Monday, June 25, 2007
It is very rare that solutions to problems of overblown proportions exist and be perfect in all respects. The idea of cooperatives is one such solution. For a country like India which is moving up in all frontiers and fast emerging a power to be reckoned in the world, there’s a need to make the foundations stronger than ever. This nation building is possible only when all sections of the country are economically strong and socially secure.
The basic principles on which a cooperative system works advocate empowerment through responsibility, power and profit sharing. This form of a set-up does a two fold job. First, it makes sure that the collaborating parties share the profit thus bringing about an atmosphere of economic independence. Secondly, it improves the managerial skills of the whole society involved in it and hence they get a social elation based on their acquired confidence.
We all know how small fishes of the sea team up together to scare away the big predators underwater. Think of a cooperative as a similar setup. While the isolated people would have to face tough times and may wilt and perish, the joint effort of such small seemingly powerless islands would make a giant landmass which would not only float and be self-sustaining but may be able to encourage other organizations as subsidiaries to thrive on its support.
Some may argue that even a cooperative setup may turn out to be a private-profit-maker for a few who would exploit it. This is in fact the sorry story of some unsuccessful attempts. What we need to realize is that such failure would exist only when long term gains of a cooperative are not properly communicated to the people. They need to understand that trust is a very important building block of any cooperative organization.
India has a very long history of cooperatives. A large number of success-stories of our nation communicate to us the power of cooperatives. One must question why the cooperative system has more often than not worked wonders for our nation. The answer is simple; a cooperative helps in harnessing the versatility and potency of the cottage industries. With more than 70% of Indian population living in villages with little or no access to the development that our nation now boasts of, it is logical to think that instead of thrusting the big profit ravenous industries into the villages the underprivileged would be far better off if cooperative industries were able to grow amidst them.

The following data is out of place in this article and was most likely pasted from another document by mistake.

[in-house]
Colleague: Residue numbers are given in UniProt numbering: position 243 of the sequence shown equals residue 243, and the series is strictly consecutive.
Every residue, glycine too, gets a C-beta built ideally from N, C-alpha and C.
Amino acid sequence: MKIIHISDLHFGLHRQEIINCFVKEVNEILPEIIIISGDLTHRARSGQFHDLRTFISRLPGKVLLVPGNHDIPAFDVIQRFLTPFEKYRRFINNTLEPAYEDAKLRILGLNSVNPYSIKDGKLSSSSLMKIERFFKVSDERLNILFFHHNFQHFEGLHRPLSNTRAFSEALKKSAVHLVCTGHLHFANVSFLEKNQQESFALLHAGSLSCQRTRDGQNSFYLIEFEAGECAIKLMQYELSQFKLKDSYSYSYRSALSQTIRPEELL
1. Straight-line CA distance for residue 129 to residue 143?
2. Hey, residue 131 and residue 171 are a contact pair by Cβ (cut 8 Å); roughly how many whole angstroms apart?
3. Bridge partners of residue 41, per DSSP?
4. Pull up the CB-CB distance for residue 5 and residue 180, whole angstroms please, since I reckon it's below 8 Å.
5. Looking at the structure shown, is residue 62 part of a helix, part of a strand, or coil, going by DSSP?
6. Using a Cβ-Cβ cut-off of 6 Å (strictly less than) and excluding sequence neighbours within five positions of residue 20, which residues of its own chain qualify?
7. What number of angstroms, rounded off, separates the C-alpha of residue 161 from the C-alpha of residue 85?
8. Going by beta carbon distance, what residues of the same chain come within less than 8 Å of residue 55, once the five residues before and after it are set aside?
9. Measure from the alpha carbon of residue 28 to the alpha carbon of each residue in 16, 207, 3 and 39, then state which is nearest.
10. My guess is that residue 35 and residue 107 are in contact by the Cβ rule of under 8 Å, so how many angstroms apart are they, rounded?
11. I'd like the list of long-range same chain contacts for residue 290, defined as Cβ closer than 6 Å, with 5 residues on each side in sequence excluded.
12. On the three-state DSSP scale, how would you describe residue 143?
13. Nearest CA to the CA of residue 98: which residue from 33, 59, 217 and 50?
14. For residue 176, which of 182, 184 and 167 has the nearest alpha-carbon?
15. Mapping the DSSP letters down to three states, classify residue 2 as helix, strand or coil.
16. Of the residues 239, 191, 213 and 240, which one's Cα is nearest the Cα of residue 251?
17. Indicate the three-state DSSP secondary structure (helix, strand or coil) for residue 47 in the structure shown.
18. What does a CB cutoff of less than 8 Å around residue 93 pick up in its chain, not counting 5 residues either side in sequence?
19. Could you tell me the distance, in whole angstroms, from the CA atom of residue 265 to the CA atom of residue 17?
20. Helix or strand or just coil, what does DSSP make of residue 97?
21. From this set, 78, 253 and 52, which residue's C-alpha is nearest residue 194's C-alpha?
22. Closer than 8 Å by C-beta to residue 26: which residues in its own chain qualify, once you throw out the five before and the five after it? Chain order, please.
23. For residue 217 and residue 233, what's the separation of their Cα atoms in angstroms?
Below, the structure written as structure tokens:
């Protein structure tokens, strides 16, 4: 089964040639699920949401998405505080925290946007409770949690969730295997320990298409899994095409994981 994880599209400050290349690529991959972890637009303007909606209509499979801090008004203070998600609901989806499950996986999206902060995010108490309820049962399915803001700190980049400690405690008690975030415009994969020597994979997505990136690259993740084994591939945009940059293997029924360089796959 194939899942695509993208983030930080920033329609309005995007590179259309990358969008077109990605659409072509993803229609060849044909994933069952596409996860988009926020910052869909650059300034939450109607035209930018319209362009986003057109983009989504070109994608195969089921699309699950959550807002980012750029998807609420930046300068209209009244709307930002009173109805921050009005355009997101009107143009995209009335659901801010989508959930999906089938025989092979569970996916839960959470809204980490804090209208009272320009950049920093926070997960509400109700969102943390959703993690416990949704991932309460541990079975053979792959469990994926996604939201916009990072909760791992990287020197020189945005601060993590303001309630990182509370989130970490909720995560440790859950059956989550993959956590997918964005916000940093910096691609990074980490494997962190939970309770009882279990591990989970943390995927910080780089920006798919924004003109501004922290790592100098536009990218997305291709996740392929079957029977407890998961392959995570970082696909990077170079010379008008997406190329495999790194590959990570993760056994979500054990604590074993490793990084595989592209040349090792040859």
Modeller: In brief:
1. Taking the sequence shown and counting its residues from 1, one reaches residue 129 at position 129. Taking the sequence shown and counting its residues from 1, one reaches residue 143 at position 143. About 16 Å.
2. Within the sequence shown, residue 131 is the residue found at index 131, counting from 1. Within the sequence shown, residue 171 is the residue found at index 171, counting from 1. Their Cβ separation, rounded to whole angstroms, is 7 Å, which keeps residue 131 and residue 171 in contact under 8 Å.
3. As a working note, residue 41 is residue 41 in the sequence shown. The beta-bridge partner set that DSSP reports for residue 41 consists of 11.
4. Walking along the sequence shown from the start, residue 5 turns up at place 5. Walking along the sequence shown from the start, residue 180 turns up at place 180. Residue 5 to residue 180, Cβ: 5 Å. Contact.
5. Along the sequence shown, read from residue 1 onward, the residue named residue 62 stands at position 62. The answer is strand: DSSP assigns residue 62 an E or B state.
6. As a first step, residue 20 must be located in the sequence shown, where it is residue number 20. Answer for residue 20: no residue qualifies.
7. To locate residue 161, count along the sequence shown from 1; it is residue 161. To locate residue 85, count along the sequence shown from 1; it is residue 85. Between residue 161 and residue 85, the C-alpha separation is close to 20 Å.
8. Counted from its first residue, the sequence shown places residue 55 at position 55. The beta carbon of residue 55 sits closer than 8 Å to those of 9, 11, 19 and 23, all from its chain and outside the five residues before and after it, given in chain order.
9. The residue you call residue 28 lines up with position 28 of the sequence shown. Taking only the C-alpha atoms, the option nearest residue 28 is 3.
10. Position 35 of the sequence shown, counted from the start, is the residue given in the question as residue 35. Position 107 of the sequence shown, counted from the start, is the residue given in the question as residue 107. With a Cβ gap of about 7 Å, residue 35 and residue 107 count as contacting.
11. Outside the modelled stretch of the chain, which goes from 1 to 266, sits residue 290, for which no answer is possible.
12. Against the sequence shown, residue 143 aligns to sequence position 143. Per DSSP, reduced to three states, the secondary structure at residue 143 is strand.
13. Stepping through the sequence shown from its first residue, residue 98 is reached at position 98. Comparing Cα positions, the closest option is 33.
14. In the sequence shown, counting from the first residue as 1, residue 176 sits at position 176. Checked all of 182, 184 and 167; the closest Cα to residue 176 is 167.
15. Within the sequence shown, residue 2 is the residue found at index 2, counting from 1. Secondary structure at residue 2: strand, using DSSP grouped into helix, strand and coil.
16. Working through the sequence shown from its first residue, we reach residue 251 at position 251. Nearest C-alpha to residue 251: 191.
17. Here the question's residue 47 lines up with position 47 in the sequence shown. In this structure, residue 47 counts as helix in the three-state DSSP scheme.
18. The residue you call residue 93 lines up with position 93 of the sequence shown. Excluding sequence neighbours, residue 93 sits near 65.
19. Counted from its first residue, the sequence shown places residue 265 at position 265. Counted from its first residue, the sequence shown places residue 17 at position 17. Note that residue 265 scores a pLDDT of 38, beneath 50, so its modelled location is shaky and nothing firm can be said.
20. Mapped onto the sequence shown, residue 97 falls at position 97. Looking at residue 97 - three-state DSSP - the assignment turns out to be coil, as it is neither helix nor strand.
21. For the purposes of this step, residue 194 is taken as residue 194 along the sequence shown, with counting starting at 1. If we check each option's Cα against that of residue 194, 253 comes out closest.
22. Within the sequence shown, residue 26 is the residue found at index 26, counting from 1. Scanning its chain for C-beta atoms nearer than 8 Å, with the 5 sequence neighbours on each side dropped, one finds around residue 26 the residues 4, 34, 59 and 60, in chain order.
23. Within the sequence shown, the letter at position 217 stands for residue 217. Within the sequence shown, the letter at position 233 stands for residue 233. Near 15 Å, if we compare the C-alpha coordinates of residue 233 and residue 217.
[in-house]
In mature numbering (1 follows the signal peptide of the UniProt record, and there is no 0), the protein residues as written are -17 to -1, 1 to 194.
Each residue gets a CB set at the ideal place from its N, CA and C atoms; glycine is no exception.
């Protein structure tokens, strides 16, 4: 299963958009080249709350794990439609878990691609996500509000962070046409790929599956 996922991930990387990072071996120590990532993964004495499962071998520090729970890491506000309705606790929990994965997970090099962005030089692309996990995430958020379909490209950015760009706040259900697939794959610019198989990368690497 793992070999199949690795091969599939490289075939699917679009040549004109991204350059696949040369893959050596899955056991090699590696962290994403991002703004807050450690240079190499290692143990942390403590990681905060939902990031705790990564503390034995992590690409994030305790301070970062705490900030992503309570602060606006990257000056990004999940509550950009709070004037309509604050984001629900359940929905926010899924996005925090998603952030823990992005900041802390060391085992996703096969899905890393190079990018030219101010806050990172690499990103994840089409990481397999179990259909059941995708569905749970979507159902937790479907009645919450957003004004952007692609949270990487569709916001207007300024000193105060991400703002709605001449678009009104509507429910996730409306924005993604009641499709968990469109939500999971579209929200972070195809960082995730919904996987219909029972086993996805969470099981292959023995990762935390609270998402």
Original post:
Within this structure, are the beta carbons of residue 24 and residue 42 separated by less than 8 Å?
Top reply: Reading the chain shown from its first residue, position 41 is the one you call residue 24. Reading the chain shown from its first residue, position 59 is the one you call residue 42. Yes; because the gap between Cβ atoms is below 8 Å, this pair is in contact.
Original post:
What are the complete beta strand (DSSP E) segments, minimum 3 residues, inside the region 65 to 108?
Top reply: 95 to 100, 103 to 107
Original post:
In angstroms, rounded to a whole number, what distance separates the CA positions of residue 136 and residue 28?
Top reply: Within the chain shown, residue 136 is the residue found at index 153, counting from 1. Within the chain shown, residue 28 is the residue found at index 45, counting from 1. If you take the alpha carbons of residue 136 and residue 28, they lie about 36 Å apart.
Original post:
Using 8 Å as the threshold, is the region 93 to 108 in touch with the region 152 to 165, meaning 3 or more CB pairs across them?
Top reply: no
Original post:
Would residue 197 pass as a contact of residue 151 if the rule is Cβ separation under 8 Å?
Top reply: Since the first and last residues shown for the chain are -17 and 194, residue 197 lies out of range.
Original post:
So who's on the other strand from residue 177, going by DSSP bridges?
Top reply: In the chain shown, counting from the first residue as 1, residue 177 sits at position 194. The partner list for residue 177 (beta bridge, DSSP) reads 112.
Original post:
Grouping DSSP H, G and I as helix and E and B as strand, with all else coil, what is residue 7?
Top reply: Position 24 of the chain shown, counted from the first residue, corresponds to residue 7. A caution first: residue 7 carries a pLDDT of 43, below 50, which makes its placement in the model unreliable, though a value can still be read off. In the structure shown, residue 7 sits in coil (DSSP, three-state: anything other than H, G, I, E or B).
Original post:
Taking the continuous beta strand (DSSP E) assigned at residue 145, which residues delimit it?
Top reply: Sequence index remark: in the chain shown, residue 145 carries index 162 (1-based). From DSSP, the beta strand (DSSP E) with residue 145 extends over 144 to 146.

The “India Rural Infrastructure Report” has pointed out that providing telecom connectivity alone to this 70% of India would require funds to the tune of more than Rs. 92,690 crores. Add to this an additional Rs.55, 243 crores for power supply, Rs.5, 892 crores for roads and transport and Rs.4, 488 crores for water and sanitation. As is evident from these numbers, the fact that infrastructure in villages is largely owned by the government faces a funds constraint. Now, consider the fact that 9/10th of village households do not own telephone and 50% of the households do not have power connections. Imagining fully developed rural areas and hence a developed India is impossible without solving this desperate situation; dearth of funds and huge requirements pose a problem that seems hopeless. The only viable solution can be envisaged through the installation of proper cooperatives involving the occupational activities of the region. Right now every 4th poor person on this planet is an Indian. If this scenario has to change we would need to empower each and every individual by heralding a cooperative revolution across the borders of the nation.
I wish to illustrate a simple example which can act as a prototype for an ideal cooperative. The “Yashasvini micro health insurance scheme” which is an initiative taken up in Karnataka, has ensured health care surgery in good hospitals to 20 million farmers in the state. This includes expensive heart surgeries as well. All this is made available to the farmers at an astonishingly low cost of Rs.5 a month! This proves beyond doubt the power that a cooperative system can yield and the far-reaching effects that it may have.